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High-risers return to ground level

09 Jun 2020

High-risers return to ground level Image

Life was slowly returning to the community of high-rise dwellers around Boyd Park this month as authorities managed the “cov-exit” by easing regulations around gatherings.

A mums’ group was meeting on the grass, gym sessions were underway, kids were on swings and the library chute was open.

The number of people who could meet in public was increased on June 1 to 20.

Caitlyn Gerecke, an instructor with the nearby F45 gym, was quick to take advantage of the new regulations.

She was in the park with a cart full of yoga mats and weights to run a session. “We’ve been running boot camps for two weeks now,” she said.

Kalpana Suraj, a seventh-floor resident of the Imagine Marco building, had been hanging out for the playground to re-open and was down at the park for a play date.

“It’s actually good because kids can play with the swings,” she said. “We got an email. I’ve kept checking on the library and the public area.”

The library chute opened on Wednesday and she had already taken back books. “I was here this morning,” she said.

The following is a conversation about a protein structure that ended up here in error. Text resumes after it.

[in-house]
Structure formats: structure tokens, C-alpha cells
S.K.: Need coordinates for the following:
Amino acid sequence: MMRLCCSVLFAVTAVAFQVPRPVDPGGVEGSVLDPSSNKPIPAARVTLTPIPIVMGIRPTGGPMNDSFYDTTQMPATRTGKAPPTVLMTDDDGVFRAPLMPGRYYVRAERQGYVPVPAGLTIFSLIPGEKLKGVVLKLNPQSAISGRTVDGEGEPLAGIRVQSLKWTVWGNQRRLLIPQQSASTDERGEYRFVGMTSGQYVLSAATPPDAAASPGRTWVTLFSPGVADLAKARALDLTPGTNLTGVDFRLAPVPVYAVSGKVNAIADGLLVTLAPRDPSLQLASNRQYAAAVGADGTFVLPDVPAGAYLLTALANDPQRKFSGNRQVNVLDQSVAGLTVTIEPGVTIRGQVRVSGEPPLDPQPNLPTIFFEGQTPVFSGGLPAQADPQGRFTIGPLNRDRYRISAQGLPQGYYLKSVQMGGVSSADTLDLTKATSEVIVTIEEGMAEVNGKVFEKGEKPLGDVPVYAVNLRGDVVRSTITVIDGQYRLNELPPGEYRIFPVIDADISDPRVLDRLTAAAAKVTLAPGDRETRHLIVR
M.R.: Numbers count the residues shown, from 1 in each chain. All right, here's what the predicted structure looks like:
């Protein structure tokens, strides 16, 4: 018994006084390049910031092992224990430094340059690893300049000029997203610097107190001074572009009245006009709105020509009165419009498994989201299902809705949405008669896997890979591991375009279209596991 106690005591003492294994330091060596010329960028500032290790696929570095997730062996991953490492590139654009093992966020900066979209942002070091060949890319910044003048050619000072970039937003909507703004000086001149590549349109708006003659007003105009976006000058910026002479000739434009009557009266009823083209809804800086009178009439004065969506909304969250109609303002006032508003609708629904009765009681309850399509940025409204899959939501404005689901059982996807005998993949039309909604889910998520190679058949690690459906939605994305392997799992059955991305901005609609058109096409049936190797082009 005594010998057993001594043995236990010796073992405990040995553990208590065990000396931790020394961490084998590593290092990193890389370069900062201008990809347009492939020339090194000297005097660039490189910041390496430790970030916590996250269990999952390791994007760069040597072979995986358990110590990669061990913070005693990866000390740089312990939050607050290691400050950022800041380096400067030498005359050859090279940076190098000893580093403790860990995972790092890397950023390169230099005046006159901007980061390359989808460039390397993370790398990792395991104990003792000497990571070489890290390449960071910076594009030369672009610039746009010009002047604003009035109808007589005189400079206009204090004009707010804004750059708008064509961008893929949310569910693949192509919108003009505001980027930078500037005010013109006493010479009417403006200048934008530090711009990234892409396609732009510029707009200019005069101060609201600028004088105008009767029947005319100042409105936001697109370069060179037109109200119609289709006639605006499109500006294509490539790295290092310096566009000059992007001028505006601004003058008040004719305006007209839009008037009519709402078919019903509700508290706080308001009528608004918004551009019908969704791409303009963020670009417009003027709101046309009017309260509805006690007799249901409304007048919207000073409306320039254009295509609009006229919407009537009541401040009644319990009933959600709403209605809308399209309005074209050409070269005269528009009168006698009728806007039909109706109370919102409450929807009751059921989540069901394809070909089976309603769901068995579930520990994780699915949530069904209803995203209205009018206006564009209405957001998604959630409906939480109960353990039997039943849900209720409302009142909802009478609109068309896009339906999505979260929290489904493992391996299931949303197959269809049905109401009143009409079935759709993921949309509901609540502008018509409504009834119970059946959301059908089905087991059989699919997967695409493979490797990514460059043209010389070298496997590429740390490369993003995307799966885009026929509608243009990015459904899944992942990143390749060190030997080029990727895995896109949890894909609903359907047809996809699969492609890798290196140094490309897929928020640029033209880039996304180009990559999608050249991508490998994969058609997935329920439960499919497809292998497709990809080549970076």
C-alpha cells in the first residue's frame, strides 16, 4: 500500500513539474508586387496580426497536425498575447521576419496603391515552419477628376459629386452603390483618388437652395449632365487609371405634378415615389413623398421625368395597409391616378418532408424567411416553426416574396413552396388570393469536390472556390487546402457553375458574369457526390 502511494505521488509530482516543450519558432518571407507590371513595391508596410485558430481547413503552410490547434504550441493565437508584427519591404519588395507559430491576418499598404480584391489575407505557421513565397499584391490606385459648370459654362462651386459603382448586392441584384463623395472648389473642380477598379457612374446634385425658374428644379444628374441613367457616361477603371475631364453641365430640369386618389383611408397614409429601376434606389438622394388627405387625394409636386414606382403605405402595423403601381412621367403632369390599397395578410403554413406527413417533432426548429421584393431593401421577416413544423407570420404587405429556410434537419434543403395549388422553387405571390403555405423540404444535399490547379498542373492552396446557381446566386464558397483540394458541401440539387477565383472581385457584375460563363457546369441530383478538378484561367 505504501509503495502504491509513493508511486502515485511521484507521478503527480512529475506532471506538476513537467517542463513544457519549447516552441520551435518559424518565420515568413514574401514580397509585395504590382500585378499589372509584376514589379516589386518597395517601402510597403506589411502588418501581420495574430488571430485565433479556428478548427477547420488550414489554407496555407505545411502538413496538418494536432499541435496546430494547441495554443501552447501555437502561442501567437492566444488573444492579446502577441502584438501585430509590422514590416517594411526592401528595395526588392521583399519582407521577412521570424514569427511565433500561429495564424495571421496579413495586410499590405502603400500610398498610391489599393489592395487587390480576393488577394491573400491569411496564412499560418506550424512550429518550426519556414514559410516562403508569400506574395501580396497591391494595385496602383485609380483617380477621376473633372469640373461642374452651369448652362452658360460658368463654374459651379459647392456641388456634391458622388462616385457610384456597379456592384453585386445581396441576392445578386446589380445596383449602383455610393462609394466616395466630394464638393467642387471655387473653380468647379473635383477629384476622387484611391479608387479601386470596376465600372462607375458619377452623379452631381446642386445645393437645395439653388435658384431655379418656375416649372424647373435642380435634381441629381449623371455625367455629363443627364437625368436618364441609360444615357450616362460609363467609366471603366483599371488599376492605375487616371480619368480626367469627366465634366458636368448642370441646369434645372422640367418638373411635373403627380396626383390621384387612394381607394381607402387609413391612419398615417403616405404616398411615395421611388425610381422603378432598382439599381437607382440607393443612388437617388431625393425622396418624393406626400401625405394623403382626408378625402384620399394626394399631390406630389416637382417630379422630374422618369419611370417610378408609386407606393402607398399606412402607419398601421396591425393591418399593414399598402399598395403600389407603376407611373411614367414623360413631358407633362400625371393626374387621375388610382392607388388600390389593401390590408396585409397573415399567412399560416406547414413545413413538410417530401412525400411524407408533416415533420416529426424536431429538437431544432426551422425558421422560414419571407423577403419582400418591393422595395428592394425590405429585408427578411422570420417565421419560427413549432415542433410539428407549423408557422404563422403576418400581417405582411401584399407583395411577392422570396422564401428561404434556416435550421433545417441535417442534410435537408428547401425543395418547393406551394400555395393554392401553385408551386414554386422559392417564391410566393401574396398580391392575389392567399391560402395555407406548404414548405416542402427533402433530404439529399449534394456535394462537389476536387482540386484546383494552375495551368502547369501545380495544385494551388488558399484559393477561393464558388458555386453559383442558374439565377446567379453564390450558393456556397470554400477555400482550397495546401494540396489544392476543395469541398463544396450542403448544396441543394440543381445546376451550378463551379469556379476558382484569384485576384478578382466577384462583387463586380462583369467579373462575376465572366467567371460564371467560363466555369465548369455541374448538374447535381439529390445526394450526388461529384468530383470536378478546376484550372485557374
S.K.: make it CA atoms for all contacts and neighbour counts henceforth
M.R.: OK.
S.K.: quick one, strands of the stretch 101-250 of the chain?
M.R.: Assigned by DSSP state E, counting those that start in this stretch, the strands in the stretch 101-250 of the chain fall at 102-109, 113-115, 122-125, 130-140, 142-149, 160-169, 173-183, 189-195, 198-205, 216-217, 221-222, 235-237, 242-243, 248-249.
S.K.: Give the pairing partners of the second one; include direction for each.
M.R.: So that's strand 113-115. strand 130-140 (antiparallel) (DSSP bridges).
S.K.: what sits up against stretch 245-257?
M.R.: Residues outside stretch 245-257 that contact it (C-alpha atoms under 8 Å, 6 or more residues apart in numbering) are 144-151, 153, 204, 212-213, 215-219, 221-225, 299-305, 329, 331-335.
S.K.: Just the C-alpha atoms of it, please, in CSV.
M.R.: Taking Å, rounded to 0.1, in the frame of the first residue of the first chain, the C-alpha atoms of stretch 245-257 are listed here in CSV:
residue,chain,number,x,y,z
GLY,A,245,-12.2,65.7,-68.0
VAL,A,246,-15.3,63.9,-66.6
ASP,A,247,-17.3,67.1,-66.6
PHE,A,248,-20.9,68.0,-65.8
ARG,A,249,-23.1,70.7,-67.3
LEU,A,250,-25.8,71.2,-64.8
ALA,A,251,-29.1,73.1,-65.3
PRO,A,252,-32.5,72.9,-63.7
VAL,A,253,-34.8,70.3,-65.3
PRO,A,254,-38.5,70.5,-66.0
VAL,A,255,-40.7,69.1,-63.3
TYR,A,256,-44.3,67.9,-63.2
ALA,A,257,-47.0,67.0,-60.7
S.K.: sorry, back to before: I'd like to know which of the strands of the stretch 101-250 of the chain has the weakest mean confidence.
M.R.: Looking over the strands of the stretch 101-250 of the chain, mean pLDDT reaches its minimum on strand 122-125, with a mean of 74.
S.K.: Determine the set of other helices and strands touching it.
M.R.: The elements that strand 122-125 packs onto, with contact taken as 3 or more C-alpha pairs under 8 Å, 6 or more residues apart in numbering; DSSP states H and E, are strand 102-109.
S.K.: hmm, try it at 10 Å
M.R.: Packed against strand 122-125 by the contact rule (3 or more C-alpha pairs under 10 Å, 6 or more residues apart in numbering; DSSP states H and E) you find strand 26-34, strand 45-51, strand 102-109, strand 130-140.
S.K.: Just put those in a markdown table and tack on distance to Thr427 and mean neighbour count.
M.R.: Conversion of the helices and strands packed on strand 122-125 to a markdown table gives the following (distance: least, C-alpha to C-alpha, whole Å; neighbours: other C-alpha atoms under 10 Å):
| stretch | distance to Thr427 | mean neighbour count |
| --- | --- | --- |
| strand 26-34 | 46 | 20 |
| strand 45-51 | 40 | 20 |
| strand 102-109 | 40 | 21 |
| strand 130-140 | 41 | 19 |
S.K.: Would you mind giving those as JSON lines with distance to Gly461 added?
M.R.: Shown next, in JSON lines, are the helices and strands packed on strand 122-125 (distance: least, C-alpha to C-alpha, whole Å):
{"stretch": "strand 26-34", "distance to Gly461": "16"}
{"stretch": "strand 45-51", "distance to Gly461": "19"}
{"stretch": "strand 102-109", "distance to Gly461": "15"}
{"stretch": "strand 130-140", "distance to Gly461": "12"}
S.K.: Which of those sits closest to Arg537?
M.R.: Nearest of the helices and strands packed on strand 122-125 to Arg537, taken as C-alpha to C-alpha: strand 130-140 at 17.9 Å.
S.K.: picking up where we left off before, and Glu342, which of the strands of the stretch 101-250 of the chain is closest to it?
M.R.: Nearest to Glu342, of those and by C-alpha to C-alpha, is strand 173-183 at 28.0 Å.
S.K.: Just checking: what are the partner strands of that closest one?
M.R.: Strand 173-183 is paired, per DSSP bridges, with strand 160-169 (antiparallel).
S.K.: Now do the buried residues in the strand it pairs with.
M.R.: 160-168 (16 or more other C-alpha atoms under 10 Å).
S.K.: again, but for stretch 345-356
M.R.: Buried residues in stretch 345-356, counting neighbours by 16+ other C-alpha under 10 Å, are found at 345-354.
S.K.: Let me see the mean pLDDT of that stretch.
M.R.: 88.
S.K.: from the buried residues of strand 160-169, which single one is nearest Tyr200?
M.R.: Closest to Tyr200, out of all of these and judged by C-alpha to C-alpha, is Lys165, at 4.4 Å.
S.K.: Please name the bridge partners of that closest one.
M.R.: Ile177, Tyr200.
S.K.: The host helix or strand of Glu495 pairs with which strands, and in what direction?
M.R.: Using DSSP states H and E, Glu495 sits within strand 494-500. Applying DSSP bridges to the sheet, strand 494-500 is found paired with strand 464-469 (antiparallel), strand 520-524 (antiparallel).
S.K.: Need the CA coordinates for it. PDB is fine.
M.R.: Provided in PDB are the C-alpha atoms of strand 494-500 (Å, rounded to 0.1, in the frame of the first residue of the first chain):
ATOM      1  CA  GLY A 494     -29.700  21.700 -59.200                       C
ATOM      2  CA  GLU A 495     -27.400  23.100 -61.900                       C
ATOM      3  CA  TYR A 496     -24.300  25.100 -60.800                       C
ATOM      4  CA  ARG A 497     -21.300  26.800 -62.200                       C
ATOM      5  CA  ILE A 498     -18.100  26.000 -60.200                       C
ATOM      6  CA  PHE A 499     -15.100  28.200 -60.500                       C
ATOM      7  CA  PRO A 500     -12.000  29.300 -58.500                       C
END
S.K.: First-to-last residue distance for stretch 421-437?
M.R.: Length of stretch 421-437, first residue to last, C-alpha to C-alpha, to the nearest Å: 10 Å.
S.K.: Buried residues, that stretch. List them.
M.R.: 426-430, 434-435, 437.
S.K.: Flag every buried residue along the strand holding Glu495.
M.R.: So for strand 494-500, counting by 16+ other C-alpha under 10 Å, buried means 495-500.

As organisations adjust and re-open, the library will have to deal with a stockpile of books on loan.

Librarians reported that there were 20 books in the chute by noon on Thursday. The books are cleared daily and go into quarantine for three days then returned to the shelves.

Leigh Dwyer said he had coped with the closure of the library because they had plenty of books but the opening of the sandpit was big news for his three-year-old son Spencer.

The Dwyers live in Platinum Tower and are regular visitors to the park. Spencer has perfected his scooting during the lockdown.

“I work from home anyway,” Leigh, an IT professional, told Southbank News. He grew up in the suburbs but got used to high-rise living while working overseas.

“It’s been rough not being able to take Spencer to people’s houses,” he said. “We have a lot of friends in a similar situation.”

Not everyone in this community has rushed back down to ground level to mingle, however. Those over 65 are still wary.

Anne Fairhall, a 76 year-old resident of Southbank Central, has just started to visit her daughter and go for walks.

‘There’ll be a spike in COVID cases,” she said. “All the people downstairs in the park are young.” •

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